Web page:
1953 Easington Colliery Disaster Memorial
Two stone and brick screens face one another across a large coal-cutting machine. Each bears a figurative relief and an inscription. The larger screen bears a stone relief of a miner in his work clothes, holding a lamp. Represented in profile the figure is carved to a depth of approximately 2cm. The opposite wall bears the main inscription and two low-reliefs of miners' lamps.
The garden of remembrance was opened three years after the disaster (DUEA45 qv), on 29th May 1953, and is sited above the communal grave of those killed in the disaster. It is thought that the coal-cutting machine, once on display outside the pits, was moved here when Easington Colliery closed in 1994.(3)
Incised on stone panel of smaller screen in Roman letters: THIS TABLET IS ERECTED TO THE MEMORY OF / EIGHTY THREE MEN WHO GAVE THEIR LIVES IN THE / EASINGTON COLLIERY DISASTER / TWENTY NINTH MAY NINETEEN HUNDRED & FIFTY ONE / SEVENTY TWO GRAVES ARE IN THIS CEMETERY / THE FOLLOWING NINE MEN ARE BURIED ELSEWHERE (names) / AND ALSO TO THE MEMORY OF TWO BRAVE MEN / JOHN YOUNG WALLACE AND HENRY BURDESS / WHO GAVE THEIR LIVES IN PERFORMANCE OF THEIR DUTIES / AS RESCUE WORKERS AND WHO ARE BUIRED ELSEWHERE.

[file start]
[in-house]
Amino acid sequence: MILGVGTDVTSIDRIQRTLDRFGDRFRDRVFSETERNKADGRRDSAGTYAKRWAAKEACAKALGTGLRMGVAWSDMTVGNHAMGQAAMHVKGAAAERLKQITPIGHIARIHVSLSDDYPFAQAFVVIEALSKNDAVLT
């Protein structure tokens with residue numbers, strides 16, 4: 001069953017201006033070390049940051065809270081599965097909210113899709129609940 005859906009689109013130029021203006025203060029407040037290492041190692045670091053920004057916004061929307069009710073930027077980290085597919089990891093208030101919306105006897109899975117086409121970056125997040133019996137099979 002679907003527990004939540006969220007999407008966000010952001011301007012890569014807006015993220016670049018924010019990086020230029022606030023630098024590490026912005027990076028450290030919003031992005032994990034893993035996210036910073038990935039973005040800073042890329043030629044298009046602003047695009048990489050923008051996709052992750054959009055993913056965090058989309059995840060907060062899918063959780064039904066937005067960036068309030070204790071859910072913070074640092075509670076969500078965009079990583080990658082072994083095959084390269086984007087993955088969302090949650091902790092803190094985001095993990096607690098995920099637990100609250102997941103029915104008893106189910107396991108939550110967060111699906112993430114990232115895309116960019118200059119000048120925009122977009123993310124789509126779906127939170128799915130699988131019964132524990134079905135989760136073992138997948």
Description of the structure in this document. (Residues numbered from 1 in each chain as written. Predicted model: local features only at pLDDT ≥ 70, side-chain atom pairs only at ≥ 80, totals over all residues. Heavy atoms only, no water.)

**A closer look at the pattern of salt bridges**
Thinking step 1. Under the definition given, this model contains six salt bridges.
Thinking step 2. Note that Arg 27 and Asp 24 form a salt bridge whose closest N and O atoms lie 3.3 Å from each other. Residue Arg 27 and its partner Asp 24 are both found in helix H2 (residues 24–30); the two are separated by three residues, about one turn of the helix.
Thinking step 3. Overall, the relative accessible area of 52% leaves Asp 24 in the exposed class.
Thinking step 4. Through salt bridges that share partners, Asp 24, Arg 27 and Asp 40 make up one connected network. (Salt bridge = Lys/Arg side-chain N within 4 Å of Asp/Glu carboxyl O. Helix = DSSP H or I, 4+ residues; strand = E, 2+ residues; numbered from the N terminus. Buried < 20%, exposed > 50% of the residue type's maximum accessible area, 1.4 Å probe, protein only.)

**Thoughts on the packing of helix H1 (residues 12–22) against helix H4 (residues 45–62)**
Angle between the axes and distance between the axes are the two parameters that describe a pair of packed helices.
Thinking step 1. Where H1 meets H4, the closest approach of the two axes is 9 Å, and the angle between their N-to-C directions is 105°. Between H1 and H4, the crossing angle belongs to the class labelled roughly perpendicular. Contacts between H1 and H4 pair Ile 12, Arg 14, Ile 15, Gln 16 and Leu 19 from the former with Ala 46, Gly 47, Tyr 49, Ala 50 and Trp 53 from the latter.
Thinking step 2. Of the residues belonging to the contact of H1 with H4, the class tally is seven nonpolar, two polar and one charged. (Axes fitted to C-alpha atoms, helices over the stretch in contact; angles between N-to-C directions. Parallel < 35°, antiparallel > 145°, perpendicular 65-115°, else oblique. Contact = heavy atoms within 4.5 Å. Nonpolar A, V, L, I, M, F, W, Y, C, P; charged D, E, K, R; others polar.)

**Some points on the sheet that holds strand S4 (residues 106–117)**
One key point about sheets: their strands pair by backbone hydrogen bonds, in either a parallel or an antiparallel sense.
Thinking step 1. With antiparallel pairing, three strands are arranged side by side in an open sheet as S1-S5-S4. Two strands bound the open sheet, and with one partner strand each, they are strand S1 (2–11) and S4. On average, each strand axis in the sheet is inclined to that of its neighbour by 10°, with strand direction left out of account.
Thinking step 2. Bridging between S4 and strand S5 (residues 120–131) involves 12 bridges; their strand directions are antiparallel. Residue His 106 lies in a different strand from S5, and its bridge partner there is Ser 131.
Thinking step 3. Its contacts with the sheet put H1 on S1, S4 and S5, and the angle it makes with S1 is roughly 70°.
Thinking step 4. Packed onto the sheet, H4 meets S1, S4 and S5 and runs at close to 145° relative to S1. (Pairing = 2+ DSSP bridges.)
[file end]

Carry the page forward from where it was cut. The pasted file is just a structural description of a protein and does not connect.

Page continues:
Incised on panel of main screen: REMEMBER BEFORE GOD THOSE WHO GAVE THEIR / LIVES IN THE EASINGTON COLLIERY DISASTER IN / MAY NINETEEN HUNDRED AND FIFTY ONE TO WHOM / THIS GARDEN OF REMEMBRANCE IS DEDICATED.
PMSA recording information